The forgotten charm of Beethoven is a blog post written by Pianist Danny Driver which provides a discussion of why Beethoven’s early works should get a fairer hearing. The author of the blog post is an internationally acclaimed pianist who has made numerous concerto appearances with notable orchestras. In addition, Driver, as a chamber musician, collaborates regularly with leading violinists such as Chloe Hanslip and baritone Christian Immler and has appeared at the Australian Chamber Music Festival many times.

The blog itself has minimal monitisation, however, this is a corporate post compiled by the BBC Music Magazine and they provided links to their social media in order to drive traffic towards their publication medium. The formation of the blog was appropriate and in a formal setting. This particular blog was found under a list of other music blogs on the BBC Music Magazine webpage, and I found the search engine optimisation highly ranked.

The forgotten charm of Beethoven did not grab my attention right away, but the use of a high-quality photograph of the artists, a YouTube link for a performance and quotations from Beethoven in his Heiligenstadt Testament was quite helpful with understanding the author’s perspective, and the content of the blog post. The blog post, to an extent, allowed me to develop an understanding of the musical differences between Beethoven’s early to middle period but fails to persuade me as to why I should equally listen the composer’s earlier and later works.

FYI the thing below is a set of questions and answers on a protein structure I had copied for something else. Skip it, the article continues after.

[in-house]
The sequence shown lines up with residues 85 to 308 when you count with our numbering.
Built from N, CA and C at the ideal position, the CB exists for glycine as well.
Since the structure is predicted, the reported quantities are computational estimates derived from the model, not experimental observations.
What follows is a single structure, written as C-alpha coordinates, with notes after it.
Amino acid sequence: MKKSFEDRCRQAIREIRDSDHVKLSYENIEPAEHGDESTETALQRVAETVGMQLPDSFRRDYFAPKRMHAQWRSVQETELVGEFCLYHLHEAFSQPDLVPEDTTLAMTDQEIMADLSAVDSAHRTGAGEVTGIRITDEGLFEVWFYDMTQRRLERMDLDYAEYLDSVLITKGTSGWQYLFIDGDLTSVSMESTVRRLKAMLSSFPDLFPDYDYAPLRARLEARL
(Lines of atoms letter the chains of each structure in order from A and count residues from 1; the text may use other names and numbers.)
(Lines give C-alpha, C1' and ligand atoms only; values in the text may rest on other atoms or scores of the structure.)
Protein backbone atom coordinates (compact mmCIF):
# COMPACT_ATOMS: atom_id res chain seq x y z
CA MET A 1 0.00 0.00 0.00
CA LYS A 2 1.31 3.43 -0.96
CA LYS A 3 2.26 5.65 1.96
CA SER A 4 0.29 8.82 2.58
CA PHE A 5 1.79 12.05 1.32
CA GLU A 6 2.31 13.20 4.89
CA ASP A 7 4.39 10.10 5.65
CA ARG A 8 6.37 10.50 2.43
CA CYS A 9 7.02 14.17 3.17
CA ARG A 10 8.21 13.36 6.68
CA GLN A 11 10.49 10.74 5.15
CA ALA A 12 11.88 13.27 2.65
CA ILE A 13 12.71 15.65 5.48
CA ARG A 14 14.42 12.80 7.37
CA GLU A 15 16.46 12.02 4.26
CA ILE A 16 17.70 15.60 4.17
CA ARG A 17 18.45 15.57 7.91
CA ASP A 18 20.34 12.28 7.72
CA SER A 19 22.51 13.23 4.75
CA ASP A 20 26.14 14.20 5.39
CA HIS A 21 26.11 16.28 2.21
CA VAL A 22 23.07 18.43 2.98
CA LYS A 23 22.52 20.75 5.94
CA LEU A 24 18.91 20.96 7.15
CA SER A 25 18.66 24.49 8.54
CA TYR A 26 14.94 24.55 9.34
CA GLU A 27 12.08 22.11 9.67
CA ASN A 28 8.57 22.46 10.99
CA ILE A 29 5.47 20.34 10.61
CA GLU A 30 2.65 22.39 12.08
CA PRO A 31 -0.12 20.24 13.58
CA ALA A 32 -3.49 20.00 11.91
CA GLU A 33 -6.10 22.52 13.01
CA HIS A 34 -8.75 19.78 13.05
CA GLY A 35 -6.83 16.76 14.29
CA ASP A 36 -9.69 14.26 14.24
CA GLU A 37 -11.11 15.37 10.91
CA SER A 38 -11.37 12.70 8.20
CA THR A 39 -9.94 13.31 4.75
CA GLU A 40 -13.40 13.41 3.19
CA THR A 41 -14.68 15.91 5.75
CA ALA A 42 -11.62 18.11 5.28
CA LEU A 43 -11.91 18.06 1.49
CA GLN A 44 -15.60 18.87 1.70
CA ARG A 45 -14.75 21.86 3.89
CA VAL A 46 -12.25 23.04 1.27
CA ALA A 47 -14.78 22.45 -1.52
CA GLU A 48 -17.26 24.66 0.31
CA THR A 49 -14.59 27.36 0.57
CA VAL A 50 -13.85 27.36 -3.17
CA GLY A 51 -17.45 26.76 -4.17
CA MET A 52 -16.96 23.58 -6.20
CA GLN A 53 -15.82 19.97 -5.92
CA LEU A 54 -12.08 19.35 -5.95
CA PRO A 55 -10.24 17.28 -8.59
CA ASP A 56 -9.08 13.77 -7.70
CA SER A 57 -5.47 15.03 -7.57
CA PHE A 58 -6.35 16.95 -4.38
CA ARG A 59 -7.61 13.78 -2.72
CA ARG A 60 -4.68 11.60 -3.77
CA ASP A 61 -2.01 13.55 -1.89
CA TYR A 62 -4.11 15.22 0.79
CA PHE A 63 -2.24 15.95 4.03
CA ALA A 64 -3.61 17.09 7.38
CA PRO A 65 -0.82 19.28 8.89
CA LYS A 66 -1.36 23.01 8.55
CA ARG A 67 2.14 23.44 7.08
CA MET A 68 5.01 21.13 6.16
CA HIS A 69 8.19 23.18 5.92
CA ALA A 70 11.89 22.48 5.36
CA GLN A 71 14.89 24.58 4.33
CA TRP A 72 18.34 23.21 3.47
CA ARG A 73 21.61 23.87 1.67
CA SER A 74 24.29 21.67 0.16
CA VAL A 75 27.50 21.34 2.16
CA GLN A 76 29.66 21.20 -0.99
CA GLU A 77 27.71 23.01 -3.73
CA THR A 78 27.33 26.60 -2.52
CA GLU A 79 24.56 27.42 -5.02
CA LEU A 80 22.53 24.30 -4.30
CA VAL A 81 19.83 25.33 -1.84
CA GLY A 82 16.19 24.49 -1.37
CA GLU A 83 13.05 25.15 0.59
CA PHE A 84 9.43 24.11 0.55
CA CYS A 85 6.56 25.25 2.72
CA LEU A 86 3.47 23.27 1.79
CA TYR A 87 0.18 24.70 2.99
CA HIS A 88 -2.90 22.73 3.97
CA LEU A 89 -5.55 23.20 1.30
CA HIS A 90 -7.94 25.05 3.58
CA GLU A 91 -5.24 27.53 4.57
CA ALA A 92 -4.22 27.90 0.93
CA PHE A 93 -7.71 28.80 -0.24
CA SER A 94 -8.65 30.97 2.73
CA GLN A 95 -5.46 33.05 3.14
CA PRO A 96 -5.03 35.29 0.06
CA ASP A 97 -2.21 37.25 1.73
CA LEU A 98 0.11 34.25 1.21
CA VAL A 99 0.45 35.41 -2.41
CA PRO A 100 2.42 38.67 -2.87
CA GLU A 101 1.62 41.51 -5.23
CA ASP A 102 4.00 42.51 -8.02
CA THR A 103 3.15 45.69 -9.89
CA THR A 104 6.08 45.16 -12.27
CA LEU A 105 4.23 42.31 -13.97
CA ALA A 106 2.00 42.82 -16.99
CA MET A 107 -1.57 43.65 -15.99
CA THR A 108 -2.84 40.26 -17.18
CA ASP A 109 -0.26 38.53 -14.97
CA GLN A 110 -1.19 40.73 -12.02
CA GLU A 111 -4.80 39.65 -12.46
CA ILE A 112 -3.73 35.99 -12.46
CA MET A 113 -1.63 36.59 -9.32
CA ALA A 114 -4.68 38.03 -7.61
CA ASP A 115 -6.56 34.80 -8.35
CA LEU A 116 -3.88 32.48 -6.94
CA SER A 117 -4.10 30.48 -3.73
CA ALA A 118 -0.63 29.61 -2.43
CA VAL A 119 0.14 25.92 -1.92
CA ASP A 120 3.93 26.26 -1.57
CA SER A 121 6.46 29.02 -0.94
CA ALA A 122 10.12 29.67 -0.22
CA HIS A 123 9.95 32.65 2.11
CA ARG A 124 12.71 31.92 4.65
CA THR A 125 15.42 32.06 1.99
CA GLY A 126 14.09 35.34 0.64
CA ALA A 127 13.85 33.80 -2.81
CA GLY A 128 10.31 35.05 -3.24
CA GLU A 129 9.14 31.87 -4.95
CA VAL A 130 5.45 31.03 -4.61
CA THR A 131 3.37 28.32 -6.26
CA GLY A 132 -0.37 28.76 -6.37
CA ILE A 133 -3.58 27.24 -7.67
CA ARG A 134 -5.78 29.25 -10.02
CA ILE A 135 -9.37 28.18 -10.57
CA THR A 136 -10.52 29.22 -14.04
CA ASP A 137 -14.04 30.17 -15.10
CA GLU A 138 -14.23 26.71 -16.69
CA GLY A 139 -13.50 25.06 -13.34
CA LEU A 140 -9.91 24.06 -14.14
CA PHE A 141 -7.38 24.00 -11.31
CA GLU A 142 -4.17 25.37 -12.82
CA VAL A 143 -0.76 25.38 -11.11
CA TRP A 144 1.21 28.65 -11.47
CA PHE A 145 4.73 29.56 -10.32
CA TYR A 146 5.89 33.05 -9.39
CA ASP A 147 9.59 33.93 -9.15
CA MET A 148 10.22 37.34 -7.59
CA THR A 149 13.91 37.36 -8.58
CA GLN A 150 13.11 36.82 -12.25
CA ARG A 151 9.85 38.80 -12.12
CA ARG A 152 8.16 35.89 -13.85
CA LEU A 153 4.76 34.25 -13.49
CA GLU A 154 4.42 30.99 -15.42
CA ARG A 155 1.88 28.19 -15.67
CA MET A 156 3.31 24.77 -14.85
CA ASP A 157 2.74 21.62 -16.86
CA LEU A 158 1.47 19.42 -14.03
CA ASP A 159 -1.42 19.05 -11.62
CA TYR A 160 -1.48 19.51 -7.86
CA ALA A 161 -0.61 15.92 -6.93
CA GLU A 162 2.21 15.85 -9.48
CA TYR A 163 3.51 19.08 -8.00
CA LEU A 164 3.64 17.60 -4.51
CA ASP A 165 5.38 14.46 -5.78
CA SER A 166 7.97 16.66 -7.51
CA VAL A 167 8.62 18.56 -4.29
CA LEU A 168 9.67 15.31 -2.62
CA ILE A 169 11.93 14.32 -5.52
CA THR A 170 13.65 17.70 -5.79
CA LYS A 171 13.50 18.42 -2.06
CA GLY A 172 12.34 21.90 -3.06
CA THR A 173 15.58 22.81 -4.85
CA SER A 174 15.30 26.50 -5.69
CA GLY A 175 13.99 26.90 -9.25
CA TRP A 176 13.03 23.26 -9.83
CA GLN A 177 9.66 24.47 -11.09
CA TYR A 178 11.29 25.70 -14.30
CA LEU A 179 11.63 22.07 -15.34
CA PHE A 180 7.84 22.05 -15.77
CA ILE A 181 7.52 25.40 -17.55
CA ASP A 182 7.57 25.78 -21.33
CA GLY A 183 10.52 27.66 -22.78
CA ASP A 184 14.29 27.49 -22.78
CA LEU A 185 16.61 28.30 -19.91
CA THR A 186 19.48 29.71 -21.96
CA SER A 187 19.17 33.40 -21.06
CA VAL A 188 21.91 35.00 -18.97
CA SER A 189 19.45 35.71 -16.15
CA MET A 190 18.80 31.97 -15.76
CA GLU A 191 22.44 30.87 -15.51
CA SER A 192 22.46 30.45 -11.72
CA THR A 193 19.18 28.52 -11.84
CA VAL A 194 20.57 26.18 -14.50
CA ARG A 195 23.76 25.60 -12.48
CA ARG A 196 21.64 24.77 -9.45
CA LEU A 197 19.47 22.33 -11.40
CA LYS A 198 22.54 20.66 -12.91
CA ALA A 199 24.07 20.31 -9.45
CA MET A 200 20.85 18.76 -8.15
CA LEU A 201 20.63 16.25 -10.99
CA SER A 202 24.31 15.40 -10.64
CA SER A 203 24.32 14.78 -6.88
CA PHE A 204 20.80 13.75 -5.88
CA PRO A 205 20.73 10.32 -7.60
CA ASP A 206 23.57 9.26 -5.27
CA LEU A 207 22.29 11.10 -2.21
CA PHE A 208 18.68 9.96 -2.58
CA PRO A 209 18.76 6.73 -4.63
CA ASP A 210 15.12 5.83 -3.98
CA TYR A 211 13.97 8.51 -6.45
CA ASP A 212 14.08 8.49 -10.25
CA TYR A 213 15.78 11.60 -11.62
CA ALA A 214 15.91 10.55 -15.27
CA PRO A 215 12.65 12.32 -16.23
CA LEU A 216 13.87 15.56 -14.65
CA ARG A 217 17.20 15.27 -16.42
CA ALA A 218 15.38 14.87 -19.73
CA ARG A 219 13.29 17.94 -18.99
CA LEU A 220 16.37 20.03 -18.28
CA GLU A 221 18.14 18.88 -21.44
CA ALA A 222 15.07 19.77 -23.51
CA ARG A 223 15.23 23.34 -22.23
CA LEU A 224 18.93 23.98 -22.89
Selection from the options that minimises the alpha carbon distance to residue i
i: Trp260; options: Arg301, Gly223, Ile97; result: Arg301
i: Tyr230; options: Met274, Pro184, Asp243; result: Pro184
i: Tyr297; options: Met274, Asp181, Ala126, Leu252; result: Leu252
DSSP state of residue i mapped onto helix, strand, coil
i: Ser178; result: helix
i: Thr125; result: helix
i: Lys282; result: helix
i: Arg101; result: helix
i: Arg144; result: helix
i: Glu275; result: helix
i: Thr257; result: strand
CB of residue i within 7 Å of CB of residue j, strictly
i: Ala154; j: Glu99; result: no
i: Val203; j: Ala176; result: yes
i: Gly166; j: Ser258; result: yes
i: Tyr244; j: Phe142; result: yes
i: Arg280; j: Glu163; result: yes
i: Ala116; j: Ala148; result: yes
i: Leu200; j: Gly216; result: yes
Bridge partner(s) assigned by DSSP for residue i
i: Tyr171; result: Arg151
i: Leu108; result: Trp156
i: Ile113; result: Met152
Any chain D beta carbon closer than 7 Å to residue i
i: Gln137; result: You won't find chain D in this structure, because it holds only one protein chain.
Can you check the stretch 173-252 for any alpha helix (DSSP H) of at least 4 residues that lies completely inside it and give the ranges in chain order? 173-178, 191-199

Driver does not consider the assumed knowledge the reader has. I believe this post is targeted for music enthusiasts due to the language and historical information used. Unfortunately, I saw some problems when reading the comparisons the author made about Beethoven’s early and middle works. In the last paragraph, for example, Driver labels Beethoven’s later music as tortured music, compared to the more “intimate and charm-laden” early Beethoven. The last paragraph also summarises the argument as a whole, but conveys it unclearly. Driver mentions that the reason we as listeners should listen to more early Beethoven, is so that we can see him in a different light, one capable of laughter, tenderness and warm hearted camaraderie. I felt that the main comparison was merely an assessment/discussion of Beethoven’s personality.


Link to review:


Bibliography: Driver, Danny.

  1. Driver, Danny. Biography. Danny Driver:, 2016. Accessed May 10, 2017.
  2. Driver, Danny. Discography. Discogs, 2017. Accessed May 10, 2017.